University of Massachusetts researchers who analyzed the 2017 version of Sanders’ Medicare for All bill estimated that nationwide more than 800,000 people who work for private health insurance companies and a further 1 million who handle administrative work for health care providers would see their jobs evaporate.

The workers generally earn middle-class wages, according to the November 2018 study forecasting the economic ramifications of Sanders’ plan. The median annual income of a worker employed in the health insurance industry is nearly $55,000; for office and administrative jobs at health care service sites, it’s about $35,000, researchers said.

“The savings don’t come out of the sky,” said Pollin. “The main way we save money is through administrative simplicity. That means layoffs. There’s just no way around it.”

Extra dollars, extra life?

Of course, the larger problem behind the question of job losses is just how much of the U.S. economy should be devoted to health care.

Economists say there isn’t a magic number for how large or small the health care sector should be. But they often express concern that the U.S. gets too little benefit for the amount of money it spends, with spending levels twice that of many other developed nations and actual health outcomes significantly lower. Much of that money goes to overhead, in the form of middlemen like insurers and the surrounding industries.

“The problem is you’re spending extra dollars right now, and it’s not at all clear you’re getting extra life for it,” said Katherine Baicker, a health care economist and dean of the University of Chicago’s Harris School of Public Policy.

Cutting those excess costs has appeal to economists, who prioritize efficiency and value for money. But politically it can be a challenge when what looks like an “excess cost” from a distance looks like a good-paying job to the person who holds it. Nationally, the growing health care sector was an economic bright spot even during the Great Recession, continuing to add jobs while others shed millions of workers, according to an analysis from the Bureau of Labor Statistics.

Medicare for All also wouldn’t be the first, nor likely the last, initiative that would cause economic upheaval for a major jobs engine. Baicker argues that the jobs piece isn’t a metric that people should use to judge whether single payer is worth it, because in a dynamic economy different sectors grow while others shrink.

“What you need is transition help for those people whose sectors are shrinking,” Baicker said. We may all be better off in the long run when we can produce all the food we need with many fewer people working in agriculture … that doesn’t mean that you can instantaneously turn a farmer into a software engineer or a nurse into a financial expert.”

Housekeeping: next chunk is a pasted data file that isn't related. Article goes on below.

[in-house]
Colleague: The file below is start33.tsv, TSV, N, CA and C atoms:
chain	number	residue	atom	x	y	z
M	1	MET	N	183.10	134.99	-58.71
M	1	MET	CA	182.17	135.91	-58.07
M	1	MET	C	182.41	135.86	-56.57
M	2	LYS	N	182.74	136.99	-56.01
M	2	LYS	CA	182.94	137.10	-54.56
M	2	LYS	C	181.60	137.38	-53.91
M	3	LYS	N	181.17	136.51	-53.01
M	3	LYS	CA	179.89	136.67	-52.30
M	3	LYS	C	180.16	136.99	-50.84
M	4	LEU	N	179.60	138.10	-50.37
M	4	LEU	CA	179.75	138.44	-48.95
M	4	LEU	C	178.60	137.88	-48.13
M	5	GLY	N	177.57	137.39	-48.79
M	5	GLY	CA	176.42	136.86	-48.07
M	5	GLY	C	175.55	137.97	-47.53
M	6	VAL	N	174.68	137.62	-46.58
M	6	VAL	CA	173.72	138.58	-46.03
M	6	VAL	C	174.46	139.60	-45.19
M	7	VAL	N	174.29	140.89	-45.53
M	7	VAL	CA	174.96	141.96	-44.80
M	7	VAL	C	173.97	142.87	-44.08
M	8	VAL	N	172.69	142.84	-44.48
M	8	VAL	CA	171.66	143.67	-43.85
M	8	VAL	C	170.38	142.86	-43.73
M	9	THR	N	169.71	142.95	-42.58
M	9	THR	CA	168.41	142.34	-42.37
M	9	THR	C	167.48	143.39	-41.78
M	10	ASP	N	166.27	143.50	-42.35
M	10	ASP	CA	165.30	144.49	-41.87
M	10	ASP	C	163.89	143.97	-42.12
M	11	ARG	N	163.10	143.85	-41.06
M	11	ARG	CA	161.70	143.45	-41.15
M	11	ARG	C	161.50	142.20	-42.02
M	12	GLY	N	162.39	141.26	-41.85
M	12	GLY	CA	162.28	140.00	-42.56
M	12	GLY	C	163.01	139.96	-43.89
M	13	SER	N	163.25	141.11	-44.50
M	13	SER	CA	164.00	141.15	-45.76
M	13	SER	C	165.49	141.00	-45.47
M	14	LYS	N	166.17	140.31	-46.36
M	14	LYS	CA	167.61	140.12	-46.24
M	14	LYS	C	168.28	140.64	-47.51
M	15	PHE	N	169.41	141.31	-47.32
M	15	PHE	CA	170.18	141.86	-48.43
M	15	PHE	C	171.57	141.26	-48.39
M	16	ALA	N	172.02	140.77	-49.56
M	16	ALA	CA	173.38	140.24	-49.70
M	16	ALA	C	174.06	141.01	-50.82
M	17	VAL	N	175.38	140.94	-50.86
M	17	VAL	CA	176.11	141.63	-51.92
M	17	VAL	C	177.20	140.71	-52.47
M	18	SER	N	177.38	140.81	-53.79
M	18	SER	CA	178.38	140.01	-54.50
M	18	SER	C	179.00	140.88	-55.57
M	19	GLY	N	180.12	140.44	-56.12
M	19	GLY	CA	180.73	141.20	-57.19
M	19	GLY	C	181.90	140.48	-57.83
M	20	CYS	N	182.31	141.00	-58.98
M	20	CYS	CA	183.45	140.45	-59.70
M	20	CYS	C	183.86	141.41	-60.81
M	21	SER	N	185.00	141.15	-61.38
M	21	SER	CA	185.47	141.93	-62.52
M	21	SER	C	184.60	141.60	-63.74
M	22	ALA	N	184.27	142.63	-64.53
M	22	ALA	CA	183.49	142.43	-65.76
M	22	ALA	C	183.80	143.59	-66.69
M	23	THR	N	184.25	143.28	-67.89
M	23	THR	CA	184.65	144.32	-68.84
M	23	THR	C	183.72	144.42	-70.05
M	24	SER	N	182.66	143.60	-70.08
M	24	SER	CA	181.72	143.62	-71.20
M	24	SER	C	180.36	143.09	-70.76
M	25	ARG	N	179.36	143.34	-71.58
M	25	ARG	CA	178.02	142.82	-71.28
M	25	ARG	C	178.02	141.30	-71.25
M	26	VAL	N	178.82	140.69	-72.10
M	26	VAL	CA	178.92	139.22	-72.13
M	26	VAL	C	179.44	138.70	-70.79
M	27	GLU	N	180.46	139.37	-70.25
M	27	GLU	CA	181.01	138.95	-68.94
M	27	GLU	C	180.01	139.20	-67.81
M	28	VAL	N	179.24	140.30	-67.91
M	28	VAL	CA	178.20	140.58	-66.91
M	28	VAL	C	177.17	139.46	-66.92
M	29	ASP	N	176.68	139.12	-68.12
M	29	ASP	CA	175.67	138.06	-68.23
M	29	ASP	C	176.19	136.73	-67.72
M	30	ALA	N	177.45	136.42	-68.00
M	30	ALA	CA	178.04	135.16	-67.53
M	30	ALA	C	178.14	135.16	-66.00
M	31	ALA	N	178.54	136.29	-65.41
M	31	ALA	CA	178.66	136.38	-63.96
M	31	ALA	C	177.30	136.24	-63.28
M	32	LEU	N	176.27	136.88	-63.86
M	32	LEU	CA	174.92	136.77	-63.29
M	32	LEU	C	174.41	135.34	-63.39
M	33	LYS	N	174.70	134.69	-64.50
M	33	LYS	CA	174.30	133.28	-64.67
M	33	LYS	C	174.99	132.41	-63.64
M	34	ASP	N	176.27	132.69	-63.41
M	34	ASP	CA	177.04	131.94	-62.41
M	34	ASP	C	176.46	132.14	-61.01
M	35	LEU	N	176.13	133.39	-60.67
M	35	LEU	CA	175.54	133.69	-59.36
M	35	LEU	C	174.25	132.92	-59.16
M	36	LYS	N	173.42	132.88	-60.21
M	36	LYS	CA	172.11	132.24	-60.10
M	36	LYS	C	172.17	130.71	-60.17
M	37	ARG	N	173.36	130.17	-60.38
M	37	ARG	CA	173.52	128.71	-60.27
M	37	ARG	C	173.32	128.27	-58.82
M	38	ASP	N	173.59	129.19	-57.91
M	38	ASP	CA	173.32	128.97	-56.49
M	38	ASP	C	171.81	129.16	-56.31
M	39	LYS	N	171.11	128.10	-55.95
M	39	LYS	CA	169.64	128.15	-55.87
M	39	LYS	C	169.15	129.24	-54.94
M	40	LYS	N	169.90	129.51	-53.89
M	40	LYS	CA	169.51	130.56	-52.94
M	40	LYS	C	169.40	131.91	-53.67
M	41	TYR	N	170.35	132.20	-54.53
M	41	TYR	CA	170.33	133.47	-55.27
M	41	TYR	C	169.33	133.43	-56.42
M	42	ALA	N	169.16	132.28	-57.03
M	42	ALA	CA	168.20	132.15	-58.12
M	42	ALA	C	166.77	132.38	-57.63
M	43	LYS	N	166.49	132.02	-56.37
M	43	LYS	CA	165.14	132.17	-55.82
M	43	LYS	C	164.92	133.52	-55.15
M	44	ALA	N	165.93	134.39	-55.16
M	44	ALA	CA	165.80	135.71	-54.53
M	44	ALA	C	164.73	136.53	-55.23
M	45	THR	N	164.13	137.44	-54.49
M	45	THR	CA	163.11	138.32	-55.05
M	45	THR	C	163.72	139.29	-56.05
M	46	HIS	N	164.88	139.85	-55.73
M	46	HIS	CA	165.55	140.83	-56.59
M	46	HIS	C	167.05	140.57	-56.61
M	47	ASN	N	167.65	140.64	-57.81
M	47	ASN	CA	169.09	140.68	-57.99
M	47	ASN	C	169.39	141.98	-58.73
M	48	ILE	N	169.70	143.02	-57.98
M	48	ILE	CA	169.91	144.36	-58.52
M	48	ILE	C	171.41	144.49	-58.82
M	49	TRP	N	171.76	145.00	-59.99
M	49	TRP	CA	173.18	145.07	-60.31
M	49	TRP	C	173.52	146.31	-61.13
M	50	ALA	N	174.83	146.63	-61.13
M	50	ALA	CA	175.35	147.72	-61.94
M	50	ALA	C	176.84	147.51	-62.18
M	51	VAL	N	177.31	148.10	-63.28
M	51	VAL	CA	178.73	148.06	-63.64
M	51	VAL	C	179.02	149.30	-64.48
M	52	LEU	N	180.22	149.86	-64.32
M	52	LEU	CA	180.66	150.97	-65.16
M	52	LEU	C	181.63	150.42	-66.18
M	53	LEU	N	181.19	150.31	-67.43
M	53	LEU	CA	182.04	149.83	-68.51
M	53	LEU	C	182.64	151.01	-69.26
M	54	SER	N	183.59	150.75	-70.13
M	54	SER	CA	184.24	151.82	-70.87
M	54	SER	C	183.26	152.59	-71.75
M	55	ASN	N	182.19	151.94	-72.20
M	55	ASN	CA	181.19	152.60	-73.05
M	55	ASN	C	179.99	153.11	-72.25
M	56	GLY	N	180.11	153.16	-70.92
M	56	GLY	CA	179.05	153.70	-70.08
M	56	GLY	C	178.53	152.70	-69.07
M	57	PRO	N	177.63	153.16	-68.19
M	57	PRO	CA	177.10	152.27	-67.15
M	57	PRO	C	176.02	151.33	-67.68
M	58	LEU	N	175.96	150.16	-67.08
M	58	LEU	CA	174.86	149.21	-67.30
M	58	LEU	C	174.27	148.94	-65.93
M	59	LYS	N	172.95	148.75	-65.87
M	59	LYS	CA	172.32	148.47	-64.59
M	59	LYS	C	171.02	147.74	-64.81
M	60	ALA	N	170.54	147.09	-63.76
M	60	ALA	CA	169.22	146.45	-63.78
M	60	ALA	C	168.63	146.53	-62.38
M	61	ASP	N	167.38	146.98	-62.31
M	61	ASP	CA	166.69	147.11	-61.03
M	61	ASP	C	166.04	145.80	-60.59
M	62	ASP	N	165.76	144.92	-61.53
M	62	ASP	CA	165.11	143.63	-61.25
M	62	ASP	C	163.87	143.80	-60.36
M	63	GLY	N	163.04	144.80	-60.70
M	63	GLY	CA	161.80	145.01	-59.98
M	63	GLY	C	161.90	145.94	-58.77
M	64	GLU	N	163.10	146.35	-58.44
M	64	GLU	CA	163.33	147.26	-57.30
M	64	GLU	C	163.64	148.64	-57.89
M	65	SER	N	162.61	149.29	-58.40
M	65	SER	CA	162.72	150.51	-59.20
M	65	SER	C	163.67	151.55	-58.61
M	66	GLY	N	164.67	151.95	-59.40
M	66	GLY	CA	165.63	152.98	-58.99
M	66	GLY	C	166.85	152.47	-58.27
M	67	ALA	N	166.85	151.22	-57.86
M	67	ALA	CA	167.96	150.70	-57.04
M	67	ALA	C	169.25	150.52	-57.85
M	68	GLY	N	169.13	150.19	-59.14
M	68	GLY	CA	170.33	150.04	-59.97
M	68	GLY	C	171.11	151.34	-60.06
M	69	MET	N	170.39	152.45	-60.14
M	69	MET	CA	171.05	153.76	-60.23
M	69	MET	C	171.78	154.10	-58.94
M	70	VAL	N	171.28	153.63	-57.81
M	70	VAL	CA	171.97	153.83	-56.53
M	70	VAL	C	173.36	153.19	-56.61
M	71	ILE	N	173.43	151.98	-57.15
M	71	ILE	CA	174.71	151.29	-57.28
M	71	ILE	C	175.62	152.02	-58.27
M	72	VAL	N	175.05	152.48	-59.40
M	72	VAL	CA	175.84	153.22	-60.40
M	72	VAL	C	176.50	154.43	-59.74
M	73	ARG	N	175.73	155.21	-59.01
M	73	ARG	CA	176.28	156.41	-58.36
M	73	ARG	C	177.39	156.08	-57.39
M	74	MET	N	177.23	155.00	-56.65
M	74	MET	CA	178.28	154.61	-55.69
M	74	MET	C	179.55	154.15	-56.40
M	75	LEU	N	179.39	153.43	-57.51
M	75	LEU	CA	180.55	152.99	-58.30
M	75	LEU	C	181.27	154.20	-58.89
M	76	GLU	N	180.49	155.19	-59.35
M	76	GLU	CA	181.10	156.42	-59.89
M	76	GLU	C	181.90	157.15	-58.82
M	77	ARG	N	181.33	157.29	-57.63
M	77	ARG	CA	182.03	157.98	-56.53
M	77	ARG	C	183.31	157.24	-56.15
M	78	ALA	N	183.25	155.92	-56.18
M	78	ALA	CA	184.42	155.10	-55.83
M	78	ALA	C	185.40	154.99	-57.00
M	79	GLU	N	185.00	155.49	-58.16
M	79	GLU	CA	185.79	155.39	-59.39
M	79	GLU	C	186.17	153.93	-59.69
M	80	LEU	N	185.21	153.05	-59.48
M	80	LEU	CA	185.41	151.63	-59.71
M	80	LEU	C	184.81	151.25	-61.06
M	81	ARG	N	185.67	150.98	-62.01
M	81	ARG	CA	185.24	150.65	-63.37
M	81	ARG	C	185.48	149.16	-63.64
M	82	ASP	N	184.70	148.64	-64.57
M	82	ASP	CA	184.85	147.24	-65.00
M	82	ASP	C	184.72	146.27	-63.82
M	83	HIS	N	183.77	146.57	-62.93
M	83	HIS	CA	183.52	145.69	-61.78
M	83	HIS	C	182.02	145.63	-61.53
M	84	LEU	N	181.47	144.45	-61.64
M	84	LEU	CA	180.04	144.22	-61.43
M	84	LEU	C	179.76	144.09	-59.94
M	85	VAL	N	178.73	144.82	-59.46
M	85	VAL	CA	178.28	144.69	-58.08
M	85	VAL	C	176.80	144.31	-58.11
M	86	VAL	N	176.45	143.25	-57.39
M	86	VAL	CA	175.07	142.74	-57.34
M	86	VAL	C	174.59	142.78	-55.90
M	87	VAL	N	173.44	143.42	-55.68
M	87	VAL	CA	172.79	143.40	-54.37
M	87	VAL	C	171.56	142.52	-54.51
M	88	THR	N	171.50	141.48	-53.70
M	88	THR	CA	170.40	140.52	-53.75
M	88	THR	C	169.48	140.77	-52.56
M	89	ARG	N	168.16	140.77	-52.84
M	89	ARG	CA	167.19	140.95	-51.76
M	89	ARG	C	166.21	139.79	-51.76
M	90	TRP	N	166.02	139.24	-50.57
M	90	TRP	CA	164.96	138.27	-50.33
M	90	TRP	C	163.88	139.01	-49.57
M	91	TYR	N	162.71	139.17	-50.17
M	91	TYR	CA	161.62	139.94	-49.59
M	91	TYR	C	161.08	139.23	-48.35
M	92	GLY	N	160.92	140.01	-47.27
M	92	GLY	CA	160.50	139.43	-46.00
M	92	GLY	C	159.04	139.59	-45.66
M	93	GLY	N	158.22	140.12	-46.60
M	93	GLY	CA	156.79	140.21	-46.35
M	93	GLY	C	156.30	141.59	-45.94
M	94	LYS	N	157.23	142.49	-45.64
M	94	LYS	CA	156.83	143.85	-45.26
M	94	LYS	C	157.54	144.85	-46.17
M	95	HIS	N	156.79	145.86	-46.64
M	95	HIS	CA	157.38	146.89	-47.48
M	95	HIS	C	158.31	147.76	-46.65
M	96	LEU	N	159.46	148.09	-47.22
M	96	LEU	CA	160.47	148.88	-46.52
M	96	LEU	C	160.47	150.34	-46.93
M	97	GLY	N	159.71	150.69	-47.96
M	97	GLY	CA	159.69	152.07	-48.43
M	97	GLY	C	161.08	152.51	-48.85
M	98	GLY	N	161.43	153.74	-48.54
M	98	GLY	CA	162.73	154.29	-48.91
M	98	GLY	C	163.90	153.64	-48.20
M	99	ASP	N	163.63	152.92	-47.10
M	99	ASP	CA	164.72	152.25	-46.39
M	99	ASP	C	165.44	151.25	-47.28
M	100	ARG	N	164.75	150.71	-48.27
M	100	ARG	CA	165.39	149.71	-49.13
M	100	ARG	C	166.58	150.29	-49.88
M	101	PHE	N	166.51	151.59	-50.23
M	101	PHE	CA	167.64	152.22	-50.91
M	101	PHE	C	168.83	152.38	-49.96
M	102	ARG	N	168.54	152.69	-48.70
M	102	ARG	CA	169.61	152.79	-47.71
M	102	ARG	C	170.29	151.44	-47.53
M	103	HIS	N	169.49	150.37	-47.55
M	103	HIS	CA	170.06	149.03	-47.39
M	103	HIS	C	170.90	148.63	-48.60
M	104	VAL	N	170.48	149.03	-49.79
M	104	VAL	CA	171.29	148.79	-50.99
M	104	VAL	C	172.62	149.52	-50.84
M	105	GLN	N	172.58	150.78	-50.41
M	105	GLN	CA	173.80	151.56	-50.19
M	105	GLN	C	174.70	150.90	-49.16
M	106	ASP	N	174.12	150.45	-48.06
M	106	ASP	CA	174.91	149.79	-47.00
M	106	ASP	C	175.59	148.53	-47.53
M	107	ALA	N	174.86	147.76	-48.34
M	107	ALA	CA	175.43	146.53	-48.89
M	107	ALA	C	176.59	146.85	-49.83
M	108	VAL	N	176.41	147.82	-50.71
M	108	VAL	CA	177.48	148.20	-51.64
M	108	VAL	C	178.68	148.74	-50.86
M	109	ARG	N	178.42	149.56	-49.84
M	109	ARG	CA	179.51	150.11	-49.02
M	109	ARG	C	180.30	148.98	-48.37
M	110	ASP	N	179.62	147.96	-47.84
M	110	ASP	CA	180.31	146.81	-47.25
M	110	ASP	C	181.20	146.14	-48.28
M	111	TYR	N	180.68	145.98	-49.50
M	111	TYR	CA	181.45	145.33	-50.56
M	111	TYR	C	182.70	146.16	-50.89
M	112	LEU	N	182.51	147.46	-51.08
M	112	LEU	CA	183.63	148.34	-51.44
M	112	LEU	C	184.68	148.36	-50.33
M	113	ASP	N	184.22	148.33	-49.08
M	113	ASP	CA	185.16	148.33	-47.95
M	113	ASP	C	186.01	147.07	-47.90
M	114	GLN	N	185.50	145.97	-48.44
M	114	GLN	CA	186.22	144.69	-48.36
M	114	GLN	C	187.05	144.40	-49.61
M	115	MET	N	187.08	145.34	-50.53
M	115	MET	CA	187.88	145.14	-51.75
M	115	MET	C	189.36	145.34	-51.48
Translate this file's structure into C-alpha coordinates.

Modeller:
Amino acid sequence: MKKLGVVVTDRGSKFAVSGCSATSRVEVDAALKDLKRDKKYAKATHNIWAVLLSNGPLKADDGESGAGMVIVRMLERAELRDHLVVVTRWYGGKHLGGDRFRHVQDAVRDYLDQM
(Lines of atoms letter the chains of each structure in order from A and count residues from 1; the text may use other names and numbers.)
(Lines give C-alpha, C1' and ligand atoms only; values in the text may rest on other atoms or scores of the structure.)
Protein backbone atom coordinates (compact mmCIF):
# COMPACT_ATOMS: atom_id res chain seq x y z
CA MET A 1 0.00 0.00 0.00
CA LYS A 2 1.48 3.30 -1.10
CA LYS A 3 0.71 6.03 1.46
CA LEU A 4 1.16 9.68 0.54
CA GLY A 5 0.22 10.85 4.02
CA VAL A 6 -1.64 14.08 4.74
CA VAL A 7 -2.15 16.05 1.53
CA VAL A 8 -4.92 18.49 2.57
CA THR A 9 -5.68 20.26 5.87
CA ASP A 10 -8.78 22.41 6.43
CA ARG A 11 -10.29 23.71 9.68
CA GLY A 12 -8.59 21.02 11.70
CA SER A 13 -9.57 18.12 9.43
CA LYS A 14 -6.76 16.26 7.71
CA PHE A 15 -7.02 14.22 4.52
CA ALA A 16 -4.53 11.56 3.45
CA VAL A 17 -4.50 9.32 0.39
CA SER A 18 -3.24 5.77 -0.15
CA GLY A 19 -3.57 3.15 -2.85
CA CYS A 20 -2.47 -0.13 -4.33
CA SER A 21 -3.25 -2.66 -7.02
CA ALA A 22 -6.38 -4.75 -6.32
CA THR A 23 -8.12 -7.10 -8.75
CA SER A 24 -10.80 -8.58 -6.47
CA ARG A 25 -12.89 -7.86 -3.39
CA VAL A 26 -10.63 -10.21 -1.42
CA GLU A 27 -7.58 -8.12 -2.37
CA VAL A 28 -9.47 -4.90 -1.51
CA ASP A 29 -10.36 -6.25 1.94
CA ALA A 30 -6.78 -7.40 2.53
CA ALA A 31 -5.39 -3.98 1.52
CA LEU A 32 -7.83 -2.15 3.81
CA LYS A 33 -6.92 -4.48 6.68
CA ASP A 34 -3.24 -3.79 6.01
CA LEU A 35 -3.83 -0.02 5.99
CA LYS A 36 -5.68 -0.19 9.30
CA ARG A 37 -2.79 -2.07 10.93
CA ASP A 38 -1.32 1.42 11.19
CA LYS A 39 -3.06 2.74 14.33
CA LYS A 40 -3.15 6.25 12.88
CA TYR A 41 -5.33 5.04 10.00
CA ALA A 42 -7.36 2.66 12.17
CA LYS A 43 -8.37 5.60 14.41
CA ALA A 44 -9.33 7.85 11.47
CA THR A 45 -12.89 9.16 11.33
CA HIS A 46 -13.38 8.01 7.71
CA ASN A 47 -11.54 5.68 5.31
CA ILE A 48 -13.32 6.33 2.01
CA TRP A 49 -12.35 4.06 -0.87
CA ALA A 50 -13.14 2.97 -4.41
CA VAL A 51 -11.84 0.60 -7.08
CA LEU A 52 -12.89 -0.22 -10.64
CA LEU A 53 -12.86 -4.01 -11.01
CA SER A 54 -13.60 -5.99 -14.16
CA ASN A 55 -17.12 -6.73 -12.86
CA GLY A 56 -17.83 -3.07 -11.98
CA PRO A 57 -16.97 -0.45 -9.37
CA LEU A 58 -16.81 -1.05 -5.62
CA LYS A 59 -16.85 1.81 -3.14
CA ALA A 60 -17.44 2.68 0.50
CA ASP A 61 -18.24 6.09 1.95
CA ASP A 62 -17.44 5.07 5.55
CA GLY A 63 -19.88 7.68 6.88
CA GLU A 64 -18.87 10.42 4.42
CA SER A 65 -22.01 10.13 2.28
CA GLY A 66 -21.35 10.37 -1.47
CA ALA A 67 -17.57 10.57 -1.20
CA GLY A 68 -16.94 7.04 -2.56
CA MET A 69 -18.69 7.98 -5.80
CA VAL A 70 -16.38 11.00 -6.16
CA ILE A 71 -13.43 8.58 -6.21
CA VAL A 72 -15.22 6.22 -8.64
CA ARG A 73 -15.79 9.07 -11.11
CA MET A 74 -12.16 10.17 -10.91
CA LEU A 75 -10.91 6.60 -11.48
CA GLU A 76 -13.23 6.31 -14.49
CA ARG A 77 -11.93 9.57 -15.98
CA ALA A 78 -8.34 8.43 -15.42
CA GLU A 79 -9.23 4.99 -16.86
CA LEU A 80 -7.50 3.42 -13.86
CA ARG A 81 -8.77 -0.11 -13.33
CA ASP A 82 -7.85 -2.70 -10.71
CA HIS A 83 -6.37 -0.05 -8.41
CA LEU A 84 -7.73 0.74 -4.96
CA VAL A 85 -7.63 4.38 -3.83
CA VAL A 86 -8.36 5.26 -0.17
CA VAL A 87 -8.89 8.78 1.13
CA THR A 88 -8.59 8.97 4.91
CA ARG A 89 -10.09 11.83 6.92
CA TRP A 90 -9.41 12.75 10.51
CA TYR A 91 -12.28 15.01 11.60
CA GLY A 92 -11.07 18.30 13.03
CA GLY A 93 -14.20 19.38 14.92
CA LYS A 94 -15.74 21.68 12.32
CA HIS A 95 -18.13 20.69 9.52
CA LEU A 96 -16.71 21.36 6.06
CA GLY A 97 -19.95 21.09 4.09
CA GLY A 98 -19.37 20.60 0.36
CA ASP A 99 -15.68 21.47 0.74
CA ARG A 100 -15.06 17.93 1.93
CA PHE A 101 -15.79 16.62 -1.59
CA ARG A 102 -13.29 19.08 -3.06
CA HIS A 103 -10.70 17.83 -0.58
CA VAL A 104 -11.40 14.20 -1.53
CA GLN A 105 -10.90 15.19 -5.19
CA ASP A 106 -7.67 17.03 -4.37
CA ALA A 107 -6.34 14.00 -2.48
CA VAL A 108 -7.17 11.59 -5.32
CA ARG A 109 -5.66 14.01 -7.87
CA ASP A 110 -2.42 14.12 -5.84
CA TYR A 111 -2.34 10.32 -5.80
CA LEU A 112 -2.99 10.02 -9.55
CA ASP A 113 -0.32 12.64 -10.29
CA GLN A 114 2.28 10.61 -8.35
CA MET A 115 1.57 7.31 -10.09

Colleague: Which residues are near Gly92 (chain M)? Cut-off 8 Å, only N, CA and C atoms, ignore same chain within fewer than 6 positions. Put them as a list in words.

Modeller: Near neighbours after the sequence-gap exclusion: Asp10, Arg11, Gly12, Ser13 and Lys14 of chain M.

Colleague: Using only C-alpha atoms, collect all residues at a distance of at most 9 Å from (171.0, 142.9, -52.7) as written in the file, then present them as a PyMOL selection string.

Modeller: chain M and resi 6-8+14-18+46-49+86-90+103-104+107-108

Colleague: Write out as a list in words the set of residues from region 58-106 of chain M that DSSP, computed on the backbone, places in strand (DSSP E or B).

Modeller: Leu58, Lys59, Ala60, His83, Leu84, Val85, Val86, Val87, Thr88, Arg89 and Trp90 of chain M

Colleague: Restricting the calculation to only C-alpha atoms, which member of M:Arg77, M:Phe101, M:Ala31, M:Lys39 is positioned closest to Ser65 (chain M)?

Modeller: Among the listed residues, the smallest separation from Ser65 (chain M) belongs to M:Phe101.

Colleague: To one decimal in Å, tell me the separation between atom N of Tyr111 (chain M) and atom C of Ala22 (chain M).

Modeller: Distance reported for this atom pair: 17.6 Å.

There’s some precedent for federal programs that help individuals whose jobs have been upended because of broader economic policy decisions, including the Trade Adjustment Assistance program that helps workers displaced by global trade.

The latest Medicare for All bills in the House and Senate, championed by members in Democrats’ most liberal wing, include provisions addressing assistance for displaced workers. The House version spearheaded by Rep. Pramila Jayapal, a Democrat from Washington state, mandates that for up to five years at least 1 percent of the new health care program’s budget will be spent on efforts to prevent dislocation for health insurance administrative workers or individuals who perform related work at health care organizations.

“This happens every time there’s innovation,” said Jayapal, who co-chairs the House’s Progressive Caucus. “It happens with Lyft and Uber. It happens with movie cameras instead of still photographs. This is part of what happens as you make things better.”

Sanders’ legislation appears to be more limited. The bill allows — but doesn’t require ? that such assistance be provided to workers and caps the amount at 1 percent.

Even in Pittsburgh, not everyone is worried that a national health care law would gut the area’s leading industry yet again. When manufacturing declined in the 1980s in the region, “nobody really cared” and workers were just told to “suck it up” in response to job loss, said Ed Grystar, a longtime union organizer and chair of the Western PA Coalition for Single-Payer Healthcare.

Grystar, who says he spent most of his life negotiating contracts for nurses, says Medicare for All represents a “monumental shift for social justice” to help people access something they deserve. The current system, with its out of control prices and dysfunction, “can’t go on.”

As for the insurance jobs?

“Who cares if [insurance companies] go out of business?’’ Grystar said in an interview. “This is a net positive for society as a whole.”

This article was originally published by Politico on November 25, 2019. Reprinted with permission. 

About the Author: Rachana Pradhan is a health care reporter for POLITICO Pro. Before coming to POLITICO, she spent more than three years at Inside Health Policy focusing on implementation of the Affordable Care Act. Prior to that, Pradhan worked at The Daily Progress in Charlottesville, Va., and spent most of her time covering city government (with the occasional foray into stories on urban chicken-keeping and the closure of neighborhood pools).

Pradhan is a rare local of the Washington, D.C., area and graduated from James Madison University. She was also news editor of JMU’s student newspaper, The Breeze.

The Future of U.S. Jobs Looks Bleak. Unions Are the Answer.

Friday, September 6th, 2019